"Almost 40% of citizens who have used the system say they could not have come to court in person. For courts, Matterhorn's online case resolution saves time, resources and money, ultimately leading to increased efficiency. Courts case closure times dropped from 50 days to 17 days, and staff time/case dropped from an average of 2.5 hours to less than 30 minutes with Matterhorn. Learn more about courts' outcomes here:

According to the Honorable Chief Judge Brigette Officer-Hill of the Michigan 30th District Court in Highland Park, "It allows officers to stay on the streets. It allows citizens to stay at home, or at work. It allows the judiciary to deal with cases that demand you come to court."

Matterhorn is in twenty-three courts in Michigan and Ohio, and is expanding to Arkansas this summer. With this funding, Court Innovations will continue to expand nationally. It has hired business development and marketing staff in Michigan and on the West Coast. Additionally, it continues to invest in its technology to make additional services available to courts and citizens."

LexisNexis Acquires Ravel Law

On June 8, 2017 a press release announced that LexisNexis acquired the legal research and analytics company, Ravel Law, that we have written about here and here.  Per the press release:

“LexisNexis® Legal & Professional, part of information and analytics provider RELX Group, today announced its acquisition of Ravel Law, a legal research, analytics, and visualization platform that empowers users to contextualize and interpret vast amounts of information to uncover valuable insights. The acquisition will expand the LexisNexis Legal Analytics suite of products through full integration of Ravel Law’s judicial analytics, data visualization technology and unique case law PDF content from the Harvard Law Library into Lexis Litigation Profile Suite® and Lexis Advance®. The integration of these tools strengthens LexisNexis’ position as a leader in the legal analytics space.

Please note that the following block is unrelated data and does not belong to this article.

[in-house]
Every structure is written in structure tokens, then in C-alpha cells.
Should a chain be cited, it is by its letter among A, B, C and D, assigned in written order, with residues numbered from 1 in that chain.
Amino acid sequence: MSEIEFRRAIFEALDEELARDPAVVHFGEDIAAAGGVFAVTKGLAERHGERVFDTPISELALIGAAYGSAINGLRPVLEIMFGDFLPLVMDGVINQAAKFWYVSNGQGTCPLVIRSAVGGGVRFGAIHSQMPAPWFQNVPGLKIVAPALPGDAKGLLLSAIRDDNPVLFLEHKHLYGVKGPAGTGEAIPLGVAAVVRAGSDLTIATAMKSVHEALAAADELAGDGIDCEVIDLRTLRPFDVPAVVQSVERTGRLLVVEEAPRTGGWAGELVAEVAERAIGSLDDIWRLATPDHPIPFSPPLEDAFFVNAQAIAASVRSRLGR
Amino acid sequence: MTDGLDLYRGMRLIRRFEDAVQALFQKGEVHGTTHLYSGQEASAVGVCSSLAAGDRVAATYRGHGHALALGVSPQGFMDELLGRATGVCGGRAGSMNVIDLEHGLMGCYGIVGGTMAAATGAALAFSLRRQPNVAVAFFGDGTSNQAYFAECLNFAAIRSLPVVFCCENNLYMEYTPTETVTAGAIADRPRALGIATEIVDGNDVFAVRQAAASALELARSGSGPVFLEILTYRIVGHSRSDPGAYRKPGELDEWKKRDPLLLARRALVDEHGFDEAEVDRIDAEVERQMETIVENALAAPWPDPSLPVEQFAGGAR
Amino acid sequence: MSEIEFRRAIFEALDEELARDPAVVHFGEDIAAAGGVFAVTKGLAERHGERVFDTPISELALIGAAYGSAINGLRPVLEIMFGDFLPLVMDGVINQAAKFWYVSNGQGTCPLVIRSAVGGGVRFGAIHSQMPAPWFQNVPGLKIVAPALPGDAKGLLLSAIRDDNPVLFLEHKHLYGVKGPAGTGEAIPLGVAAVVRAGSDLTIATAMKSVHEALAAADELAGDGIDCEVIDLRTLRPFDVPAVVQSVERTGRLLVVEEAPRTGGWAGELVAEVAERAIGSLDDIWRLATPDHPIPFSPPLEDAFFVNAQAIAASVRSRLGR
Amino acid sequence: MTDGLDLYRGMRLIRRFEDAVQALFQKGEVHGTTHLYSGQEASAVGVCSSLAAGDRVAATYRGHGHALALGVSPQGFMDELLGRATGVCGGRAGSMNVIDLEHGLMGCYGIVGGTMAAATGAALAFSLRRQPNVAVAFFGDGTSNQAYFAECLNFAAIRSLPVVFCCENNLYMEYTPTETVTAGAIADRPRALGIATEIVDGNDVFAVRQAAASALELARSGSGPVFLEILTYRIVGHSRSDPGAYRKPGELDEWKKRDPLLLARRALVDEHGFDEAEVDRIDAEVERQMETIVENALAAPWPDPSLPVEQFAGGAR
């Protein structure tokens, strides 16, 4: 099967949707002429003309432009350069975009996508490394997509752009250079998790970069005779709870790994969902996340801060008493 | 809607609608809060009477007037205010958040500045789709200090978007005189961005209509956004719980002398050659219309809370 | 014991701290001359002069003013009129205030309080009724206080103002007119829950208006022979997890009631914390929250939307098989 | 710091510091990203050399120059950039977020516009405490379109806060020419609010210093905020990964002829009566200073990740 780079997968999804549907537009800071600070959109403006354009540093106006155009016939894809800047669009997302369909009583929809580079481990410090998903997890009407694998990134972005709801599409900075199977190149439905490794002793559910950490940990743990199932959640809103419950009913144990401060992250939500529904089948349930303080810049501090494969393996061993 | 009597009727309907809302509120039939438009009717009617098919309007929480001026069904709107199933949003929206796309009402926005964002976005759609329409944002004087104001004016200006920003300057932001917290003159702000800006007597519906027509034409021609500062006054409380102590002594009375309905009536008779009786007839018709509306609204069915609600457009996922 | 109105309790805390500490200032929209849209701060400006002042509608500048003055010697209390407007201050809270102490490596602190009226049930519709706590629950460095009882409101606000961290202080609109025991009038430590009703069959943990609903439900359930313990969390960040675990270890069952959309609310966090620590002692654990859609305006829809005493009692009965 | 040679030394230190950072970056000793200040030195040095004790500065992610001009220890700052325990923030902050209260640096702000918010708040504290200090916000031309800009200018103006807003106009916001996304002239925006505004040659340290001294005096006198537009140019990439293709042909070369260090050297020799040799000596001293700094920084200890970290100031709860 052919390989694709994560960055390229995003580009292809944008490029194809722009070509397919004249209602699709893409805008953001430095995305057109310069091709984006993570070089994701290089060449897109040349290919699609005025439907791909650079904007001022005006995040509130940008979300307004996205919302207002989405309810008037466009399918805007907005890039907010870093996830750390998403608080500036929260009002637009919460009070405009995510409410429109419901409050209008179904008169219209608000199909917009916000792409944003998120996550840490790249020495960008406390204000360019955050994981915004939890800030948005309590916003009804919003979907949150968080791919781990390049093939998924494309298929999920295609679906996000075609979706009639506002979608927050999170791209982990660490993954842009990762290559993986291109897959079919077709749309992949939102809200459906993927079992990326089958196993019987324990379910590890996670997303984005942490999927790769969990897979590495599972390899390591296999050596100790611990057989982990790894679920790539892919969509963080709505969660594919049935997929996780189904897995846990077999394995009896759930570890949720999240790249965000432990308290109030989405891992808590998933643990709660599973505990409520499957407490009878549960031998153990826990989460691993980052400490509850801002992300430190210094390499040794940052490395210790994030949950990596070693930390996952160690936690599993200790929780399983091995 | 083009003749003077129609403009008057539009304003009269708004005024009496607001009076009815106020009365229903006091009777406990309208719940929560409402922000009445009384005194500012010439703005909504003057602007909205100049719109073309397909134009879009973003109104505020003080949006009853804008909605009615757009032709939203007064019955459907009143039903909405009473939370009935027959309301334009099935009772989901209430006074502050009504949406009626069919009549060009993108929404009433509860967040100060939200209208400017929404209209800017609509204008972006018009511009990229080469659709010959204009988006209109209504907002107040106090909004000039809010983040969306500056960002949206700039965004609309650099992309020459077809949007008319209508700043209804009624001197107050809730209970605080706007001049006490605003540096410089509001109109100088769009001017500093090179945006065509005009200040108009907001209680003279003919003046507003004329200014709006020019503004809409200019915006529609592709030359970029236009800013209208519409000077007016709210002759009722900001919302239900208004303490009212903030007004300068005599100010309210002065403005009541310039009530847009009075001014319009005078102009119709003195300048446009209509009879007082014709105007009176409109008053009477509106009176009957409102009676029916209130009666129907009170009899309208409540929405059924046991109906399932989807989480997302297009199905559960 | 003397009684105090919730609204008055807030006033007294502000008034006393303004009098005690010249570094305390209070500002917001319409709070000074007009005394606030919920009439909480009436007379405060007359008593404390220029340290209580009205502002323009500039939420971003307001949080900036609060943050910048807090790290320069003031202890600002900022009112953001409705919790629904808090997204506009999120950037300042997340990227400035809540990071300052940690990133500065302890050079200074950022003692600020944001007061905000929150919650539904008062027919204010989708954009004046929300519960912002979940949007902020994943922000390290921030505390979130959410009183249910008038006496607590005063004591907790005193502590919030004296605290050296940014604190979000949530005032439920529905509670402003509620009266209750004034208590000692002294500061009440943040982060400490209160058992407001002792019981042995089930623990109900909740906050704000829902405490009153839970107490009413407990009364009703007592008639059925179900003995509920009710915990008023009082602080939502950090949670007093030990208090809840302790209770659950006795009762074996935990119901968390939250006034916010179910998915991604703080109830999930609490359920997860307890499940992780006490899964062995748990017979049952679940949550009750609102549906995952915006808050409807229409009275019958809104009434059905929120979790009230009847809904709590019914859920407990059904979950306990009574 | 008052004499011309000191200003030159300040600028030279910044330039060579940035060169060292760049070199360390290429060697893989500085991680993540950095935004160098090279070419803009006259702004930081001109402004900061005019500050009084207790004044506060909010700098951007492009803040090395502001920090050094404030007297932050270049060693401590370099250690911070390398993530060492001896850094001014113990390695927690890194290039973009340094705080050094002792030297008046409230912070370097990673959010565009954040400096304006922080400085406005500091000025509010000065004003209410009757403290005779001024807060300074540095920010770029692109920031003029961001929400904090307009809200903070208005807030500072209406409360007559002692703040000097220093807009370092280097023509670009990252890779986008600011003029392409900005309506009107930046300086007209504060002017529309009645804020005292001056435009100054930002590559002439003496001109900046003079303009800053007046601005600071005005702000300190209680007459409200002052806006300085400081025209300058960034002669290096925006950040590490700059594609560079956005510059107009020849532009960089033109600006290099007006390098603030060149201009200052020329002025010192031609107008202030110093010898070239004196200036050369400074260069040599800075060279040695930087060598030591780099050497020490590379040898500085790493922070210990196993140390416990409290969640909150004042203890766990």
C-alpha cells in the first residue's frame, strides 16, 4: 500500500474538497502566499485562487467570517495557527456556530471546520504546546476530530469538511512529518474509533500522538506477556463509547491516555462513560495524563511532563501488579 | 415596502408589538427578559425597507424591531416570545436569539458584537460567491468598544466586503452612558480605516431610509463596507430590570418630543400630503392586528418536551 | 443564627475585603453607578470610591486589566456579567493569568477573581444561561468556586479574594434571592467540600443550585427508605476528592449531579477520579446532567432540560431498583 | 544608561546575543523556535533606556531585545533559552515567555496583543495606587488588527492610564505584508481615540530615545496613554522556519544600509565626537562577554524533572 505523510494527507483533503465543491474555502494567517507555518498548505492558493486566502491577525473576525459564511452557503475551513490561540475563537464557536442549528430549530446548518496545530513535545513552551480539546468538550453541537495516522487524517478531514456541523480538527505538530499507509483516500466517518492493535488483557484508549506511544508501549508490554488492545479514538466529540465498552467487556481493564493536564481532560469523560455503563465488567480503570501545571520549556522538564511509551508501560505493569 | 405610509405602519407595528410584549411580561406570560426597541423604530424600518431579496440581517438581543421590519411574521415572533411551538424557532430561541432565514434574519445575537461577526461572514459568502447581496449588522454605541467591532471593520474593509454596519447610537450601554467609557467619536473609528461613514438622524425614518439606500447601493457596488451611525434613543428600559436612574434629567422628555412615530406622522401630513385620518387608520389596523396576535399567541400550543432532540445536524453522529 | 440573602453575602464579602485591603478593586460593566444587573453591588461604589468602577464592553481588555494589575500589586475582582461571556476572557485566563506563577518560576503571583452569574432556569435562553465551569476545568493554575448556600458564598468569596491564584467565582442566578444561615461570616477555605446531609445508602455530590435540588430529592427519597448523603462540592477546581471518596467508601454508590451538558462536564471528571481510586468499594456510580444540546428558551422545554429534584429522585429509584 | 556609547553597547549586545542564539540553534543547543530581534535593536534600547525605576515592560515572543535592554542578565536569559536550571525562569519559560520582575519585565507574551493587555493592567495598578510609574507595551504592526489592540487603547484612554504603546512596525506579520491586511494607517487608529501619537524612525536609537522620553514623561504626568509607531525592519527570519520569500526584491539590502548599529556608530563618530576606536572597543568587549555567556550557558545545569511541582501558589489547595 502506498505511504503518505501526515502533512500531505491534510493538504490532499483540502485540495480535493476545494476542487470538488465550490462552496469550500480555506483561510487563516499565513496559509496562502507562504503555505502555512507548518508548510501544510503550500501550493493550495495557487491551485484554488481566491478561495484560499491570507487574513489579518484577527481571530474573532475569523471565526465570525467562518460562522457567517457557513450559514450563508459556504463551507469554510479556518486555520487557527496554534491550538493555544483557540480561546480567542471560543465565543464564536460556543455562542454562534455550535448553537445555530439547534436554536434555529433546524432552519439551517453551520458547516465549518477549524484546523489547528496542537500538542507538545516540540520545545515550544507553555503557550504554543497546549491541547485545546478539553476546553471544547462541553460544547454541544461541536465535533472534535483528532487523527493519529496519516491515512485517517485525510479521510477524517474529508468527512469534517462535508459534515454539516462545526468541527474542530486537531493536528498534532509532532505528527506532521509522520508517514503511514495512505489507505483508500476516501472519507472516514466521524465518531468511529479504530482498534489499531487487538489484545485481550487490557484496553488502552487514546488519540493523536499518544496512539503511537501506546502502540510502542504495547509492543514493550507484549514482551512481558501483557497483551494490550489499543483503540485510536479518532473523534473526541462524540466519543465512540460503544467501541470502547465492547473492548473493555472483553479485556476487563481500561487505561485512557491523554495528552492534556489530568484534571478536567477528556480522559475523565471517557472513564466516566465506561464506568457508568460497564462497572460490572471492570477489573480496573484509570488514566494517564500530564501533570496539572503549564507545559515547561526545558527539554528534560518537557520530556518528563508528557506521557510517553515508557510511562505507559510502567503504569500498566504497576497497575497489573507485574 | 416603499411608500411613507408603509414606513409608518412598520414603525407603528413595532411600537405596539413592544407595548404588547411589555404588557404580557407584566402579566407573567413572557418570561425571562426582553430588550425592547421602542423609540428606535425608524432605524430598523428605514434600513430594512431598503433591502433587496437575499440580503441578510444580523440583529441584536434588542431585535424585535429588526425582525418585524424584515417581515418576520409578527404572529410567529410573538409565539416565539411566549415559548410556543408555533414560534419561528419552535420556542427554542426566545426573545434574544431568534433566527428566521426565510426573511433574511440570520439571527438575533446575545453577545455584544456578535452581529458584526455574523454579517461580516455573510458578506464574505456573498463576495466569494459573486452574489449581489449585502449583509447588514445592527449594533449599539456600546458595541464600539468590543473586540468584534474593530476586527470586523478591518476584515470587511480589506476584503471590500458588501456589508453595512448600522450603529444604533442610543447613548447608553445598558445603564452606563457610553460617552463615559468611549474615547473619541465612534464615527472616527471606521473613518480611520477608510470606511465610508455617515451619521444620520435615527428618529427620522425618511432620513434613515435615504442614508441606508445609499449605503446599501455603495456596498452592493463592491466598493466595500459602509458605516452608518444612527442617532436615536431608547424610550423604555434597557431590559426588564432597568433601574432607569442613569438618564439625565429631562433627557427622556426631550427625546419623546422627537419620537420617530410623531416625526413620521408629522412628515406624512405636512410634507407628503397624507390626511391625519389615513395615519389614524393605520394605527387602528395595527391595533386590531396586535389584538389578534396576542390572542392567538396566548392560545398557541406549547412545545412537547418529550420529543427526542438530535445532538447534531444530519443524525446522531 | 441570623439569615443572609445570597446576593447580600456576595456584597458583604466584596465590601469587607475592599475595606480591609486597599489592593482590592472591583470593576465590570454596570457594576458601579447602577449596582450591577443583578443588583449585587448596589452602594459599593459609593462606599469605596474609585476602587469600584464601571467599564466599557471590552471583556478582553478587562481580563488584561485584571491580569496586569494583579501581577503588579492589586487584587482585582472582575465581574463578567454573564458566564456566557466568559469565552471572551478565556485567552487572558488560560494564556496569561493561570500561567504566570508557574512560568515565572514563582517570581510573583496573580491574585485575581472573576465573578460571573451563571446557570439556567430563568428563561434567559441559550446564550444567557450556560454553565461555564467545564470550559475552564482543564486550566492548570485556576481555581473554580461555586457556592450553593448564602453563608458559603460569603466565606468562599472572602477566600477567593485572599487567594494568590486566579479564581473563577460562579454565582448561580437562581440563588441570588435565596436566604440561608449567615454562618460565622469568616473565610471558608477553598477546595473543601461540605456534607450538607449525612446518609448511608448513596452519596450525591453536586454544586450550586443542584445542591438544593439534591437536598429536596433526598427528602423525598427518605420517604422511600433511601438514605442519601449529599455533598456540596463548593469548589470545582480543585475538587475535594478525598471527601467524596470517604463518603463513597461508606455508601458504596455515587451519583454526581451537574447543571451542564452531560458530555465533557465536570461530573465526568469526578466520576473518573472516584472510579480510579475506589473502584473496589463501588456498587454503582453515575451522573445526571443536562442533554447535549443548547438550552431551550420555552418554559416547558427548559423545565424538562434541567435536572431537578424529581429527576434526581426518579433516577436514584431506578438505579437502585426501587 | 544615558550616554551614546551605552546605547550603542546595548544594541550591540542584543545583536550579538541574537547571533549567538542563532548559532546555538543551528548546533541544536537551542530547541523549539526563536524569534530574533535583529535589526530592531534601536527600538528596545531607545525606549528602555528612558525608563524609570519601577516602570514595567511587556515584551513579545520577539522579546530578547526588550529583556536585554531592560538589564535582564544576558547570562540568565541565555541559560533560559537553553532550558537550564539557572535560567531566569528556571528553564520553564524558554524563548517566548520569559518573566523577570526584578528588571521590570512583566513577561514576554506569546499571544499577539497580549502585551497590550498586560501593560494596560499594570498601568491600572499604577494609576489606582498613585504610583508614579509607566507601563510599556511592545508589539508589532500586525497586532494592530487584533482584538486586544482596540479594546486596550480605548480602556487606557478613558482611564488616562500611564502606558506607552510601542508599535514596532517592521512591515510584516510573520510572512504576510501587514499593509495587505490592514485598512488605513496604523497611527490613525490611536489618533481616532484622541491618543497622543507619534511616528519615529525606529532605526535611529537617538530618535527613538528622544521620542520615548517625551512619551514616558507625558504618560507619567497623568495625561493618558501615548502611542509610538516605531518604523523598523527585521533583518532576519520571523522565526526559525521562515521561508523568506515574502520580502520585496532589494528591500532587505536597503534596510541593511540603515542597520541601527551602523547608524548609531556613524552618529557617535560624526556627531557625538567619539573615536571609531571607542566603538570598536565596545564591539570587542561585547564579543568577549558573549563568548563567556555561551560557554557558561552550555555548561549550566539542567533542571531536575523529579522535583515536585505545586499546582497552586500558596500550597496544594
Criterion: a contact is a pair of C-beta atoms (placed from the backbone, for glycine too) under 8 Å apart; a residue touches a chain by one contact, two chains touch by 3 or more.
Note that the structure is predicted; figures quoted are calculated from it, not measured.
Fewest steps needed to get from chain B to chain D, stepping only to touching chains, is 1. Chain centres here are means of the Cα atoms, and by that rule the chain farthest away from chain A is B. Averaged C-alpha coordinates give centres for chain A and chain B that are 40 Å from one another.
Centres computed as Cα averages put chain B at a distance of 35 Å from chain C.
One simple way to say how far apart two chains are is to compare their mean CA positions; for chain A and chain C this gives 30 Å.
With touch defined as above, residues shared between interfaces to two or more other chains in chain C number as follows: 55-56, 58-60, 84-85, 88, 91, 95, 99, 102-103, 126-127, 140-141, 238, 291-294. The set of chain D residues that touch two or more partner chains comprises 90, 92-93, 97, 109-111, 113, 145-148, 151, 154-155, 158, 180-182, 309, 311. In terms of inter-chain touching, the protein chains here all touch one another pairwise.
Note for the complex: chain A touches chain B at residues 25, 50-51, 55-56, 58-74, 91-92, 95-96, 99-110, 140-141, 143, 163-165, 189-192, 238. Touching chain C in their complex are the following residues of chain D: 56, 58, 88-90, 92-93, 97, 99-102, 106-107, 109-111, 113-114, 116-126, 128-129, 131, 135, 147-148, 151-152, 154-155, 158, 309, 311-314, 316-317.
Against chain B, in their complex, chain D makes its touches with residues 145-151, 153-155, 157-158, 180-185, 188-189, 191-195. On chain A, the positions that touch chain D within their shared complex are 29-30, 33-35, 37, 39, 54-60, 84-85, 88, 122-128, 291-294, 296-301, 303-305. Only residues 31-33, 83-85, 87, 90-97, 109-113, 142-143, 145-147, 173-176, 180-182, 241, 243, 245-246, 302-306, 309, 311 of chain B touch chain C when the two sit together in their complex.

Ravel Law’s machine learning, artificial intelligence and natural language processing technologies mine published case opinions, providing a wealth of information that helps litigators quickly uncover new insights and build specific arguments for use in court.”

“Google’s Ability to Understand Language is Nearly Equivalent to Humans”

Regarding a topic that has been asked for by courts over decades, we learned in an article posted on that the famed tech analyst Mary Meeker reported: “Google is now able to understand human language with 95 percent accuracy, thanks to machine learning algorithms that can detect speech and respond with meaningful results.

The improvement has occurred at a rapid pace. Since 2013, accuracy has improved nearly 20 percent…”

“And as Google continues to include voice recognition in more of its products, like Google Translate and its mobile and Home voice-powered assistants, the company is moving toward a future where talking to our machines will one day be as seamless as talking to friend.”

Improving Communication and Understanding

Via Margaret Hagen’s Open Law Lab blog, we learned about actor Alan Alda’s Center for Science Communication.  Margaret rightly asks whether courts can learn anything from this work.  I agree that it can.  For example, this article on “No Jargon” is a good starting point.

Also, I wanted to share an experience I had at a new doctor’s office.  Following my consultation with the doctor, I met with his scheduling assistant.  She was amazing.  We, of course, discussed the date and times for the follow-up visits. But then she printed out the scheduling documents.  Then she used a yellow highlighter to mark and then review the important sections with me.  This one-on-one attention was effective and impressive.

With the addition of all the new court technology, it seems like we could set up similar reviews with the people that interact with our court so that they can understand what is going on?  Just a thought.

CTC 2017 Agenda Highlights

The CTC 2017 conference to be held in Salt Lake City from September 12-14 has posted more information on the educational session program agenda at: